Pre-game, pre-party, pre-funk ... how to pre-vent?
Call “pre-gaming” by any of its other names and it still translates the same for substance abuse specialists seeking strategies to control the ubiquitous “pre-party,” generally defined as a small group of students drinking together in a dorm room or other private space prior to an actual party or social event.
New research presented Friday at the U.S. Department of Education’s conference on creating safe and healthy campuses  suggests that students are strategic in their approach to the pre-game, measuring their shots to obtain the bull's-eye perfect buzz, the gathering often serving not one, but multiple purposes.
An “exploratory study” of Pennsylvania students’ pre-gaming habits found that college students use pre-parties as a mechanism for getting buzzed while enjoying a safe environment, cutting costs, and short-circuiting law enforcement, bouncers and a need for a valid I.D. The students are also seeking to bond with friends and set themselves up for a sexual experience later on – two particularly telling objectives given what researchers found to be a profound sense of social anxiety and loneliness among focus group participants.
“The game is all about hooking up, having a sexual experience,” Beth DeRicco, associate director of the Center for College Health and Safety, said Friday at the conference, held in Arlington. DeRicco teamed with the Pennsylvania Liquor Control Board to host focus groups at 10 of the state’s colleges this winter to study students’ nighttime rituals and their attitudes toward what DeRicco called “a real embedded culture from campus to campus about pre-gaming.”
A total of 114 students, including student leaders, students who had been punished for alcohol use, students attending to satisfy a class requirement and volunteers, participated in the 10 groups. At the beginning of each session, DeRicco explained that the focus group was voluntary, and offered students there to fulfill a requirement the opportunity to leave. Some of them did.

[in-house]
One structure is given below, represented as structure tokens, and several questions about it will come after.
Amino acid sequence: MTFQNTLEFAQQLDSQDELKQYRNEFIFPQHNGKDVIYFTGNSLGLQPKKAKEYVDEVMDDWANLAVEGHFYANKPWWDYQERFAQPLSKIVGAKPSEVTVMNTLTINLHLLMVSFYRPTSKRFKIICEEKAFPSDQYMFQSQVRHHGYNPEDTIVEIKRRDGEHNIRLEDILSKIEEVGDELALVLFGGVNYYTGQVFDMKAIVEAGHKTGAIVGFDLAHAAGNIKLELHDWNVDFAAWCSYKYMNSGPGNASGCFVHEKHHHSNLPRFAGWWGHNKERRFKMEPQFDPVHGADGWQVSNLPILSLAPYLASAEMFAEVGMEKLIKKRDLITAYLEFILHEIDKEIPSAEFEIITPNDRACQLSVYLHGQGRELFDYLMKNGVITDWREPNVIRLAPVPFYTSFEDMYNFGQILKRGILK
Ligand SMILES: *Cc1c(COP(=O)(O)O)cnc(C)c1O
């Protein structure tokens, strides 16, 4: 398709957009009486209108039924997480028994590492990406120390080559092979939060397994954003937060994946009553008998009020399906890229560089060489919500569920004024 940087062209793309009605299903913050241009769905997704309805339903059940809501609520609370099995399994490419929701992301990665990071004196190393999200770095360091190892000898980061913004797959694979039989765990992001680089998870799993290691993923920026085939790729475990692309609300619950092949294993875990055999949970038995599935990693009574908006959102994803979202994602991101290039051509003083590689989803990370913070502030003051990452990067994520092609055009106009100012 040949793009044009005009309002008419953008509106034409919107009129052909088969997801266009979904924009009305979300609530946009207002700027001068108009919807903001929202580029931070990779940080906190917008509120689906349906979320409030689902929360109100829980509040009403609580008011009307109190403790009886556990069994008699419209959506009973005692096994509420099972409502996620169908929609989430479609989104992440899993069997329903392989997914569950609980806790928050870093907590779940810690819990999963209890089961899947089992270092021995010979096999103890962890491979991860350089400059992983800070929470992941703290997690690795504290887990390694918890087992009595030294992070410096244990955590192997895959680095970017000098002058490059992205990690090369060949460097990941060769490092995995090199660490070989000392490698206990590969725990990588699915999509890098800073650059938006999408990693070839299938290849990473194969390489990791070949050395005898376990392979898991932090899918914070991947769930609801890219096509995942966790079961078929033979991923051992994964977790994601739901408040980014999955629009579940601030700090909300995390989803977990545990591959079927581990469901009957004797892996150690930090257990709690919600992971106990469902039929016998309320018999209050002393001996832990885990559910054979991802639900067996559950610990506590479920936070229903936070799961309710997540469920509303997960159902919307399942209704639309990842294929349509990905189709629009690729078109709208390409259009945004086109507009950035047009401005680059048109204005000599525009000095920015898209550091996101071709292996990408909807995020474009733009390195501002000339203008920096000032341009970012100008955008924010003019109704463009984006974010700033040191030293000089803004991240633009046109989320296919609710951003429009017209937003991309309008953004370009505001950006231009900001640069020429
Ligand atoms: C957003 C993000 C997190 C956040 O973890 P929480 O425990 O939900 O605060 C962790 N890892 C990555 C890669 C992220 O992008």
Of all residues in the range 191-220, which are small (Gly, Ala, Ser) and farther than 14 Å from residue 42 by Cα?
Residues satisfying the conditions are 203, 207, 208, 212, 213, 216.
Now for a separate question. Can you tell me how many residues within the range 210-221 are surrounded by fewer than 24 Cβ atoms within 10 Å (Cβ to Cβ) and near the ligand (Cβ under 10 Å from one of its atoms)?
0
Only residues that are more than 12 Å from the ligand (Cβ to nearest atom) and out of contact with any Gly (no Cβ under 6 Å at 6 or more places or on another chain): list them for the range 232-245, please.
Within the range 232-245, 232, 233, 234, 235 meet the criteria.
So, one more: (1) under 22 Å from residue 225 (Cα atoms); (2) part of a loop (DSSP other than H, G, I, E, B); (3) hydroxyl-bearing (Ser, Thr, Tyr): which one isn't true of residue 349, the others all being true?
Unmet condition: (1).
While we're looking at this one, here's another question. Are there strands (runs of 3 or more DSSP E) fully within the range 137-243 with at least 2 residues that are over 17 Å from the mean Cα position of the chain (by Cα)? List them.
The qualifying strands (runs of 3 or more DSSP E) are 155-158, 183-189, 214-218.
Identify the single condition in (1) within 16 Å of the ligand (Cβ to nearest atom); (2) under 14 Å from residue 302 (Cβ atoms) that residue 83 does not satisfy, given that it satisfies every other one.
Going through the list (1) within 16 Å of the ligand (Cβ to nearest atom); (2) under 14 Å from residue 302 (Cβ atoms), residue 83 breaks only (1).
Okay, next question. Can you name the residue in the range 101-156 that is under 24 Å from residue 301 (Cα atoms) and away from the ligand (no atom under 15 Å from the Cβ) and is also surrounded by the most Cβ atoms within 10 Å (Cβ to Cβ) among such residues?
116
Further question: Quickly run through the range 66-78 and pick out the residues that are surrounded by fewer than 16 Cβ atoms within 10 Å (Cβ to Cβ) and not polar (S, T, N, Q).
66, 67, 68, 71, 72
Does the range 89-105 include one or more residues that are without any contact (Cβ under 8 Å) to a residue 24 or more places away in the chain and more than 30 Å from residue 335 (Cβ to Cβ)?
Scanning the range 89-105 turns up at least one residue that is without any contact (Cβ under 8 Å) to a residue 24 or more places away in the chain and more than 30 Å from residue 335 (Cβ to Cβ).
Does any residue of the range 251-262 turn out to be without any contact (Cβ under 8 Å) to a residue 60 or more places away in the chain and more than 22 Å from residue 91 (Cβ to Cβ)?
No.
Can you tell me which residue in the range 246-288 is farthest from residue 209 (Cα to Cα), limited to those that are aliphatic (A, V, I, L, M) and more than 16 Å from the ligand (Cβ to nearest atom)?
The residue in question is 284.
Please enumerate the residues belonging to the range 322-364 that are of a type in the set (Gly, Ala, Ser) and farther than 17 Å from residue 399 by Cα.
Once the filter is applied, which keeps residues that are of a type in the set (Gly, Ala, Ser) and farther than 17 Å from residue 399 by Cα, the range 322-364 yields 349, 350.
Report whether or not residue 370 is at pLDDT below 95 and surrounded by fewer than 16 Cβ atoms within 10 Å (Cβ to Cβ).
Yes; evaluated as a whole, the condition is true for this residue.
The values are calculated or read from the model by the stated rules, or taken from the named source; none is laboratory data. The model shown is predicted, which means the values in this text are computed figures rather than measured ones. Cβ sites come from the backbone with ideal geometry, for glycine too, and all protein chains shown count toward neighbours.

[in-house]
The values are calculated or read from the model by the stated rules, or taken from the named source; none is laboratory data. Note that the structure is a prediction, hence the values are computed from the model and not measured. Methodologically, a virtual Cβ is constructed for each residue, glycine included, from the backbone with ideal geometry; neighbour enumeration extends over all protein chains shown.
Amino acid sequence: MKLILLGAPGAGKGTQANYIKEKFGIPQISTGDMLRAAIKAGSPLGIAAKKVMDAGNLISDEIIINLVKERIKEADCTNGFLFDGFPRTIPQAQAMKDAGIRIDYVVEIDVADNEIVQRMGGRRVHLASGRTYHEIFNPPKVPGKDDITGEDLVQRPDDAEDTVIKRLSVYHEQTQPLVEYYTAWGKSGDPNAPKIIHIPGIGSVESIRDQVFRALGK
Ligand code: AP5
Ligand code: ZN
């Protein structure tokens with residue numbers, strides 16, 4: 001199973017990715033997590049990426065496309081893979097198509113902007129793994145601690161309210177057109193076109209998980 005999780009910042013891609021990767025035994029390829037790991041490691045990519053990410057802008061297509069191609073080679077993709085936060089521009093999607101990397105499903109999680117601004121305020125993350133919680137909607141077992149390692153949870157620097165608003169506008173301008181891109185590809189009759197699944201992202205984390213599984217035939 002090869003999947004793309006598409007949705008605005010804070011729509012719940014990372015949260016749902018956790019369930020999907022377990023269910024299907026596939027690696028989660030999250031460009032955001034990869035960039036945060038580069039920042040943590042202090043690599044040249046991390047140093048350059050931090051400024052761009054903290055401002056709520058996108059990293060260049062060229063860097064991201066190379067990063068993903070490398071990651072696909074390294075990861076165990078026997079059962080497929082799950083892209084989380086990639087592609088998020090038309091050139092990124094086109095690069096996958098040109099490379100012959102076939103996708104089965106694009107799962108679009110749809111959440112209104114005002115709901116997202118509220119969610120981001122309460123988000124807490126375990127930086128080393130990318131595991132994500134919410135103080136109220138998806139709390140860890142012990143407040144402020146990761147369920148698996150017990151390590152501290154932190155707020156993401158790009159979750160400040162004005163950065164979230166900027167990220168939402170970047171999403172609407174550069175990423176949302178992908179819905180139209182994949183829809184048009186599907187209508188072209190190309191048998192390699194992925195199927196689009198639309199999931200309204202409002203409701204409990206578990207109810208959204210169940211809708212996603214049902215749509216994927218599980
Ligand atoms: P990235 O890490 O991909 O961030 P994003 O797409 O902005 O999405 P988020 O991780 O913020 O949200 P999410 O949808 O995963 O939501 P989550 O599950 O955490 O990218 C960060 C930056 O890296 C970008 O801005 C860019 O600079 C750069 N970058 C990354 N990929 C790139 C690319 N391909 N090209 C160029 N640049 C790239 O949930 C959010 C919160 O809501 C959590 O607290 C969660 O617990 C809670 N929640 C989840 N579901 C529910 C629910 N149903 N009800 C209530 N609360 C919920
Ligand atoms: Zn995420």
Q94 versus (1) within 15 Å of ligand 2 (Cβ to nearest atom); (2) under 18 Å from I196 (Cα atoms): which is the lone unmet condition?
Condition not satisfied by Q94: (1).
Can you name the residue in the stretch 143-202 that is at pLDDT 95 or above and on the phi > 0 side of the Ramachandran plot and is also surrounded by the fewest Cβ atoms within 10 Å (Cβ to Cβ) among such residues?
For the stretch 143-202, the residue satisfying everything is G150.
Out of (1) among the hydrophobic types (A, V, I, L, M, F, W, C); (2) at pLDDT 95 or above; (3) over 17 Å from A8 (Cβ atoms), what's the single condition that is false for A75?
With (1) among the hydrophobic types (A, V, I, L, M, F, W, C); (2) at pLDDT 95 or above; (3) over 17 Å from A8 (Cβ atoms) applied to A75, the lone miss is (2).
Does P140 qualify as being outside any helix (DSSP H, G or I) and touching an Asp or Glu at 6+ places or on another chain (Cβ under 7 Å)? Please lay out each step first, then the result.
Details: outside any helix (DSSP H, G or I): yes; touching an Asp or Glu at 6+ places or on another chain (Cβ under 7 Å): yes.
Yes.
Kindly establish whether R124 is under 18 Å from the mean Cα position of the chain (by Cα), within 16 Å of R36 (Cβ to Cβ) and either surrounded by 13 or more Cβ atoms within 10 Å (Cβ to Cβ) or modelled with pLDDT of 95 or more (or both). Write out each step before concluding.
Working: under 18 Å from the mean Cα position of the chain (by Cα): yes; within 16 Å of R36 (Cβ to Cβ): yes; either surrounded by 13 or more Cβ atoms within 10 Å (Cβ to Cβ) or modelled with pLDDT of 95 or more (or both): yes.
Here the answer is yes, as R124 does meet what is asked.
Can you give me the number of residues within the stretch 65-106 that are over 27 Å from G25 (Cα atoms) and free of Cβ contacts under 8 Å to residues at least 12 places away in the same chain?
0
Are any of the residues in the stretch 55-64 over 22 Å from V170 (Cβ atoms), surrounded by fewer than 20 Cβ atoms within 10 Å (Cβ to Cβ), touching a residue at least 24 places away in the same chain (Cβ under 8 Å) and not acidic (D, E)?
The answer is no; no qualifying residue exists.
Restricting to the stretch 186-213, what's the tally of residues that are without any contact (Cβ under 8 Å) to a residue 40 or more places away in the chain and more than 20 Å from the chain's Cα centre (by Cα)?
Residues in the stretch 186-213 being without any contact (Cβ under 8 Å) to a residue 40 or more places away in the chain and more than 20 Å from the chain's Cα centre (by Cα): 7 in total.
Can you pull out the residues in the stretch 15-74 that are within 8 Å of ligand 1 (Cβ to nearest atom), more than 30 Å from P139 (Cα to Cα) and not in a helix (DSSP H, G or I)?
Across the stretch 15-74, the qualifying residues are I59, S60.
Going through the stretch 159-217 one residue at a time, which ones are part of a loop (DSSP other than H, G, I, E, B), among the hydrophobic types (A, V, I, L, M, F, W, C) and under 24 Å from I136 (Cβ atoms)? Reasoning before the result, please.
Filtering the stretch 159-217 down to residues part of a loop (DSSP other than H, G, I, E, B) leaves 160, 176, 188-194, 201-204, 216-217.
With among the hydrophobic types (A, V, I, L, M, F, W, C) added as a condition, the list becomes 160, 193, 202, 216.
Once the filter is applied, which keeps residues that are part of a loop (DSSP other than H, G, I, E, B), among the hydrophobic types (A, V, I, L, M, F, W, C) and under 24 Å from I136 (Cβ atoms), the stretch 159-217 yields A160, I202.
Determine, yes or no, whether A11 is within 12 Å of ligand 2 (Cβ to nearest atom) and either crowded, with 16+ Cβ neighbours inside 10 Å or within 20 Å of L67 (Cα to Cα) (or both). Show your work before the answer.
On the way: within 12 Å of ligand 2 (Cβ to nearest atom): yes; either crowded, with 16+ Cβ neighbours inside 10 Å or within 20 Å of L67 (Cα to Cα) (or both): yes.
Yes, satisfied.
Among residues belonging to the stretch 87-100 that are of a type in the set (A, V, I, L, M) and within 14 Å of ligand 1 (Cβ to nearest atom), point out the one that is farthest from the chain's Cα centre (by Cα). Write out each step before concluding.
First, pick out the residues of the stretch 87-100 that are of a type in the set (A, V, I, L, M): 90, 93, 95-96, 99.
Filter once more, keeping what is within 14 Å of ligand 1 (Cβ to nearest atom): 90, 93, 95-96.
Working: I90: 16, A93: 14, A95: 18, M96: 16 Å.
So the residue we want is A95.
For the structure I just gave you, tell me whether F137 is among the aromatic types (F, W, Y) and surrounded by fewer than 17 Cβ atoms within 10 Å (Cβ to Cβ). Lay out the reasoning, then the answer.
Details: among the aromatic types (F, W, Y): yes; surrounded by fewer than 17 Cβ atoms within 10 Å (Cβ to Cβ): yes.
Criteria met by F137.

The focus groups were scattered geographically throughout the state, the participating colleges representing public and private institutions, large and small -- host schools were Bloomsburg University of Pennsylvania , Bucknell University, Cabrini College, Gettysburg College, Indiana University of Pennsylvania, Pennsylvania State University at Altoona, Rosemont College, St. Francis University, Villanova University and York College.
Students completed a paper and pencil survey about their alcohol use before attending the focus group meeting. About 12 percent of students reported “none” as their average number of drinks per week, 13 percent reported 1 to 3, 14 percent 4 to 6, 21 percent 7 to 10, 16 percent 11 to 15, 12 percent 16 to 20 and 11 percent 20 or more. DeRicco said the numbers skewed a bit high, probably due to the participation of punished students, but are fairly representative of drinking habits among Pennsylvania college students.
What is striking about the findings is the fundamentally strategic nature of student attitudes toward the pre-gaming festivities. According to DeRicco, women and men alike seek a certain “buzz” so they can save money at a bar or enjoy an event where they would not easily be able to obtain alcohol. Women, who more frequently pre-game with clear alcohol like vodka (“fewer calories,” DeRicco said), cite a desire to drink in a safe environment as a key reason to pre-party in a small group, and are more likely to view their pre-gaming activities as an exercise in pacing -- more now, when it’s safe and it’s cheap, and less later.